9. Be professional at all times. Becoming an online remote worker is not like setting up a personal Twitter account with which to bug your friends and share your insight throughout the day. Use your real name, use a professional-looking headshot (nothing glamorous, just you smiling), and don't use texting lingo or abbreviations in any correspondence. When in doubt, make sure you aren't doing any of these things.
10. Be honest. Lying about your experience isn't a good idea. While it's standard practice to sell yourself in the best possible light -- i.e., you probably shouldn't mention you were once fired for wasting time on Facebook -- it's not acceptable to give false information about your expertise with lies or half-truths. This ABC News post explains how much you can expect to get away with when lying during a job hunt. (Answer: Not much.)
11. Update your portfolio often. For a while, you'll want to list every new job on your online portfolio, until you have built a solid history of remote work success. While in time it may not be as necessary to net you your next job, you will still want to revisit your website or online resume every few months and update your work history, rates, etc. Find out how to keep your portfolio alive here.
12. Write a cover letter that gets you noticed. This is so key to getting hired and it's all about making yourself stand out from the rest. Don't assume you know how to do it, even if you are an experienced communicator. Research the right way to write a cover letter in today's competitive online market and seek a lot of input from friends, family and trusted acquaintances.
13. Be patient, but persistent. This isn't an endeavour that involves setting things up and then sitting back to wait for contract job offers to come rolling in. You have to apply for jobs daily and re-think your strategies each time you are turned down or overlooked. You will need to stay strong, stay positive and continually tune your presentation. This insightful piece from Bob Younce is for contract writers, but applies to all of us.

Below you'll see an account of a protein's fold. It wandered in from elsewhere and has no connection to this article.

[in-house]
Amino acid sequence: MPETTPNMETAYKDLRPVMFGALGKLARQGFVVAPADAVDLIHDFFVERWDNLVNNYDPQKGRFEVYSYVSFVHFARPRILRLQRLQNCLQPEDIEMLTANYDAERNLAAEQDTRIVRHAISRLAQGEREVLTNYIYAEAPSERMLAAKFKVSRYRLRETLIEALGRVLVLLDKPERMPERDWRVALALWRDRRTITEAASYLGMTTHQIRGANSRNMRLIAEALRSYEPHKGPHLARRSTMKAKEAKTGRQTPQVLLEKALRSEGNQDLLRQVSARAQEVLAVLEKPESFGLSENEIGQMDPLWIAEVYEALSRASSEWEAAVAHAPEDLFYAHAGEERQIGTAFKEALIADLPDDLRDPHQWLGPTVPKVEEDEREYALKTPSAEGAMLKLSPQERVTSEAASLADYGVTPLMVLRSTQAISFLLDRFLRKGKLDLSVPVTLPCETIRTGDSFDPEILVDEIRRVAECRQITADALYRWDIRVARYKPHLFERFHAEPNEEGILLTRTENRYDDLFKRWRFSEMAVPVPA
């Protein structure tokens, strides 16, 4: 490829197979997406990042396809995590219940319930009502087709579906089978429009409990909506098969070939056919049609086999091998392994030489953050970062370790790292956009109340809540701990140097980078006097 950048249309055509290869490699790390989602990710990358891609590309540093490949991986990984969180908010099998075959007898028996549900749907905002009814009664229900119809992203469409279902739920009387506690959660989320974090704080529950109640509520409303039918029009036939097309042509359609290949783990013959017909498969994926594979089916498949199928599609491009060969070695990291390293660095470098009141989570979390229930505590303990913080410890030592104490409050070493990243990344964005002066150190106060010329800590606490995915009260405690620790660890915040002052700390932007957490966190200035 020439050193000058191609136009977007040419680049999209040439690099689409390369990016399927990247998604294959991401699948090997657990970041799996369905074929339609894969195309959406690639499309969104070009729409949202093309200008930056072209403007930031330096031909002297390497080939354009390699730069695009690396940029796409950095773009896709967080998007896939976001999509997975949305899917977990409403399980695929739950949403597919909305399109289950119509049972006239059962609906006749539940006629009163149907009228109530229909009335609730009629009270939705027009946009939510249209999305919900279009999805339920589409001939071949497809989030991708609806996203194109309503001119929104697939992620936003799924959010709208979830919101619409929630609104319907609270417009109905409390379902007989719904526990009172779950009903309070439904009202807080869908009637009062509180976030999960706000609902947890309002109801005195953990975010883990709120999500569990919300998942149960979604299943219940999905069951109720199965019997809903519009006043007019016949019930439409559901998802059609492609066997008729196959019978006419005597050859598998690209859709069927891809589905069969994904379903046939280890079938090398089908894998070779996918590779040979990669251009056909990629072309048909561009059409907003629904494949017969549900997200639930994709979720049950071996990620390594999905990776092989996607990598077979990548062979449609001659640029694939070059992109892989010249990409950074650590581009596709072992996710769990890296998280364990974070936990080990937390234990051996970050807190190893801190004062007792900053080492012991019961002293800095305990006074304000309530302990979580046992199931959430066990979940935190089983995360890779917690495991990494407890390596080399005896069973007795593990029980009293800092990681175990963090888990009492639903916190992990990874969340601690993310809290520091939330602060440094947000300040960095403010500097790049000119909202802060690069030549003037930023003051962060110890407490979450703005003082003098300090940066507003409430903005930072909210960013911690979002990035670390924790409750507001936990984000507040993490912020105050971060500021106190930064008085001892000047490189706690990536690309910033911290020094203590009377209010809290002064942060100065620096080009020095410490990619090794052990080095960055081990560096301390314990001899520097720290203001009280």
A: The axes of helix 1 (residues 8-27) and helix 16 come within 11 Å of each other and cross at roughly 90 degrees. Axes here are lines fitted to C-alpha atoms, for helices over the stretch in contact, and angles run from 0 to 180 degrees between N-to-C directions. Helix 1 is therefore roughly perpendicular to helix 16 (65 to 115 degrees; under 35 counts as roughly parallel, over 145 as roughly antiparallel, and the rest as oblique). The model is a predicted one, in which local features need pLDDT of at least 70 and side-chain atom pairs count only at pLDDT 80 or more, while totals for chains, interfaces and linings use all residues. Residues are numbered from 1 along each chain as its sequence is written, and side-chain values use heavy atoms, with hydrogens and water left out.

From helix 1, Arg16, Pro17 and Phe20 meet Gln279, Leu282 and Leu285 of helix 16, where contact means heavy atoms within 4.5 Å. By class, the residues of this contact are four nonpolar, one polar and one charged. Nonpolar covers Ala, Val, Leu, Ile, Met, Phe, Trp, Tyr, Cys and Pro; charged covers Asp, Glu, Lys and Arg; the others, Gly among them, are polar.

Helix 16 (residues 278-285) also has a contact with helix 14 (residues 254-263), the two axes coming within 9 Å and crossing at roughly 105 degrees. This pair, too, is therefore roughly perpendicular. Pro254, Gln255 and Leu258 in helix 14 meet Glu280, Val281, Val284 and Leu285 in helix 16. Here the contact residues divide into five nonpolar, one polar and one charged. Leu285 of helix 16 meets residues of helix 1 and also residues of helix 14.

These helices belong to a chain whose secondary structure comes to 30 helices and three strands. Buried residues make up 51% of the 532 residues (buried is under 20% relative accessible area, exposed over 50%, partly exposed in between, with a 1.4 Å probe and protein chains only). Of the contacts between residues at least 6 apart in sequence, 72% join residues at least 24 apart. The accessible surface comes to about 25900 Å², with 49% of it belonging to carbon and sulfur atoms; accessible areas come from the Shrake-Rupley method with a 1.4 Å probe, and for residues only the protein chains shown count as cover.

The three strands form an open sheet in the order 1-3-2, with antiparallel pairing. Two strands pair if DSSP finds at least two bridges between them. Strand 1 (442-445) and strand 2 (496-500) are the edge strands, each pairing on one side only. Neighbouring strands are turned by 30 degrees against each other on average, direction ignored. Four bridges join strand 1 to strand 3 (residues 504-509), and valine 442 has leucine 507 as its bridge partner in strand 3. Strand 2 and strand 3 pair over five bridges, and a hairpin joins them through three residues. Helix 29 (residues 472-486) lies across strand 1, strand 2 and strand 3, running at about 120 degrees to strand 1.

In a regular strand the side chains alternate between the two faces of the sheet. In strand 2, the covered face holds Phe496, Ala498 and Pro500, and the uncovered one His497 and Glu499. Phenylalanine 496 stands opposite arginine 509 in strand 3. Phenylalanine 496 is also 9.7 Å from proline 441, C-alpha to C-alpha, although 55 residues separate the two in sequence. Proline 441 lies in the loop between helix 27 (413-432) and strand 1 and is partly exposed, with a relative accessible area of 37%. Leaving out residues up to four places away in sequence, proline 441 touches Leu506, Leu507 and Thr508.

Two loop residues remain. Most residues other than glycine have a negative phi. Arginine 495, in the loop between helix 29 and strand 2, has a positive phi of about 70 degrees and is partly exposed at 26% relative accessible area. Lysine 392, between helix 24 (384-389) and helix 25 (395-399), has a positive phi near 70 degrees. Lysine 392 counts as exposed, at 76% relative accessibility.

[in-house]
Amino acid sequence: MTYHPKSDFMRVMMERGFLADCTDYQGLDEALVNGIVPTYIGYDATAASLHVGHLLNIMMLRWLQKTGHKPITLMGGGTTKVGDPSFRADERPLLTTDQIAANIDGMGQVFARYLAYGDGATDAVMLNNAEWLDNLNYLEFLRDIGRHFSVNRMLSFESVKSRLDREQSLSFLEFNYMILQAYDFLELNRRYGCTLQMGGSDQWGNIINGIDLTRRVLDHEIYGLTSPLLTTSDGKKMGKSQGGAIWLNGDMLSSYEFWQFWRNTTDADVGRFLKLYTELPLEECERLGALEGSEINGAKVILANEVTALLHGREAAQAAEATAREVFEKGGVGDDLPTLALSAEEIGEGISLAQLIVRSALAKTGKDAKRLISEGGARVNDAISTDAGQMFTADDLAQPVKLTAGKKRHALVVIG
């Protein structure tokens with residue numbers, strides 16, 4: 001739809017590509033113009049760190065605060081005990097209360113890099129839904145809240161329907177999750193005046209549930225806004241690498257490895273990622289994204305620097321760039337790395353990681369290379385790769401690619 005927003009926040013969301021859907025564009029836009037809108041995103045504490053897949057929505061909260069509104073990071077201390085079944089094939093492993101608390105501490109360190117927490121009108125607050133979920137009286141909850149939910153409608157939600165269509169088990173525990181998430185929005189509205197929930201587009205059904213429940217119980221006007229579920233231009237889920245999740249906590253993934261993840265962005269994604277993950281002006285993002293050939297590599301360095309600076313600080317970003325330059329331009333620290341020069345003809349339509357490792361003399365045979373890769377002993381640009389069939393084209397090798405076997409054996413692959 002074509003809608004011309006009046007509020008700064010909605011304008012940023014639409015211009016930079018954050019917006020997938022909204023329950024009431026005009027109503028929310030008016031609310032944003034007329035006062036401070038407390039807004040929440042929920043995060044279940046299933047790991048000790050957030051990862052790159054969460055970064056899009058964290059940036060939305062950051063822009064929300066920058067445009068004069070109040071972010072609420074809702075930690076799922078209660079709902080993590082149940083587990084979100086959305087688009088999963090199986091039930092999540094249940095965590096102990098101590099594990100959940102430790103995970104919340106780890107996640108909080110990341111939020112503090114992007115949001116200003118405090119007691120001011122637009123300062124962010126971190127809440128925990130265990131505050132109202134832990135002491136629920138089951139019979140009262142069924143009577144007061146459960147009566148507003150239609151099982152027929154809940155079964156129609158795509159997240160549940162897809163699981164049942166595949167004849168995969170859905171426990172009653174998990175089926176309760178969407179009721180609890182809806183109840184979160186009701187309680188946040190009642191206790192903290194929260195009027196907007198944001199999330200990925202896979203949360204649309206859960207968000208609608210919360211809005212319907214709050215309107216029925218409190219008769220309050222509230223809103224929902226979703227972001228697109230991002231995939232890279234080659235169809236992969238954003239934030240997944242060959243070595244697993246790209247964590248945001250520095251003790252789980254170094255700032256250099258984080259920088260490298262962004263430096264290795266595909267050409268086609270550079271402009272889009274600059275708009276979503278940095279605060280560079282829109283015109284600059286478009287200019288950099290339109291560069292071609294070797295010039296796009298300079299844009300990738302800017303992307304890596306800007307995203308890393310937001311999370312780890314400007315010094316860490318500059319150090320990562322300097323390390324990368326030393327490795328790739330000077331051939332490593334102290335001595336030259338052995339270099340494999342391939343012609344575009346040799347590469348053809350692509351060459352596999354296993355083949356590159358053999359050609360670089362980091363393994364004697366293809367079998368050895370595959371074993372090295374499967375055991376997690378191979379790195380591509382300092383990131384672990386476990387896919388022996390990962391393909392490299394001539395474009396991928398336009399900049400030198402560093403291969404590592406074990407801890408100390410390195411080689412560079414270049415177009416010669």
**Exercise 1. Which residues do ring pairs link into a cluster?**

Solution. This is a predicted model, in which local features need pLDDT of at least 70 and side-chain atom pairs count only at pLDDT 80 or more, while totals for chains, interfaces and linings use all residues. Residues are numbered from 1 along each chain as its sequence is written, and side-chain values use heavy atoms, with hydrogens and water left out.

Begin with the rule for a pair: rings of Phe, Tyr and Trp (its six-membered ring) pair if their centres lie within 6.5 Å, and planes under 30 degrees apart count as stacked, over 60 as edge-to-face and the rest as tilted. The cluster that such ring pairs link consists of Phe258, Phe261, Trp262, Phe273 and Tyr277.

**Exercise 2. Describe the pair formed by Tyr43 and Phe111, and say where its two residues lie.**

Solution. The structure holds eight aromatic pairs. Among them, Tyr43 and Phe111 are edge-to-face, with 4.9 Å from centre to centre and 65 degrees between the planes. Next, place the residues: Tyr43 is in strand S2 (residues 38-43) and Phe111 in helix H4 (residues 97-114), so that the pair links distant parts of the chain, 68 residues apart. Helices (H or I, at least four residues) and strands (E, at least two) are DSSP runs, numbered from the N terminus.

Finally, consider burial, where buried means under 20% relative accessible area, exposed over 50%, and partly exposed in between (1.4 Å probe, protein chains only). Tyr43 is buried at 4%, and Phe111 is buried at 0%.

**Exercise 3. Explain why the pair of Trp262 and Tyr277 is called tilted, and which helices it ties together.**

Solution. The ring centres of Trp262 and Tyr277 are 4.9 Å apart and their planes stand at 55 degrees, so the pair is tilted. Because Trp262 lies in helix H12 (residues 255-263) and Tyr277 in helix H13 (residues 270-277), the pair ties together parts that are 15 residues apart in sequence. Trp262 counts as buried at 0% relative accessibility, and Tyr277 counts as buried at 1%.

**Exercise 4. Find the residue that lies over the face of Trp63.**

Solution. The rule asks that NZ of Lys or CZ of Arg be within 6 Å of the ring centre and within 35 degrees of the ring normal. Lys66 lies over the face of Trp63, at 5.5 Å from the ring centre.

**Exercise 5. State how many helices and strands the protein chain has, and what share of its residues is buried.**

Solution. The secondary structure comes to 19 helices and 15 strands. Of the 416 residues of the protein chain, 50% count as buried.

14. Be teachable. Remote contract work is unique from traditional work environments, so learn all you can from those who've been doing it successfully. Think of it like fishing in a new stream: If your cover letter, online resume/portfolio, etc., aren't getting any bites, it's time to go back and ask the locals about the quality of your bait (no matter how great you think it is!)
15. Don't hide from your newness -- address it! This goes hand in hand with #10: honesty. It's the elephant in the room, so don't be afraid to talk about it. Things will probably go better for you if you do. Here's where adding incentive, like a lower first-time rate or a satisfaction guarantee can help you land that first job, so don't shy away from using #6 and #7 to get yourself in the door. Say something like, "I know I may not have the remote work or contract work experience you were hoping to find, but I do have the talent and skills you want for the job."
How did you go from fired to hired, making the switch from traditional to remote work? Tell us about it in the comments!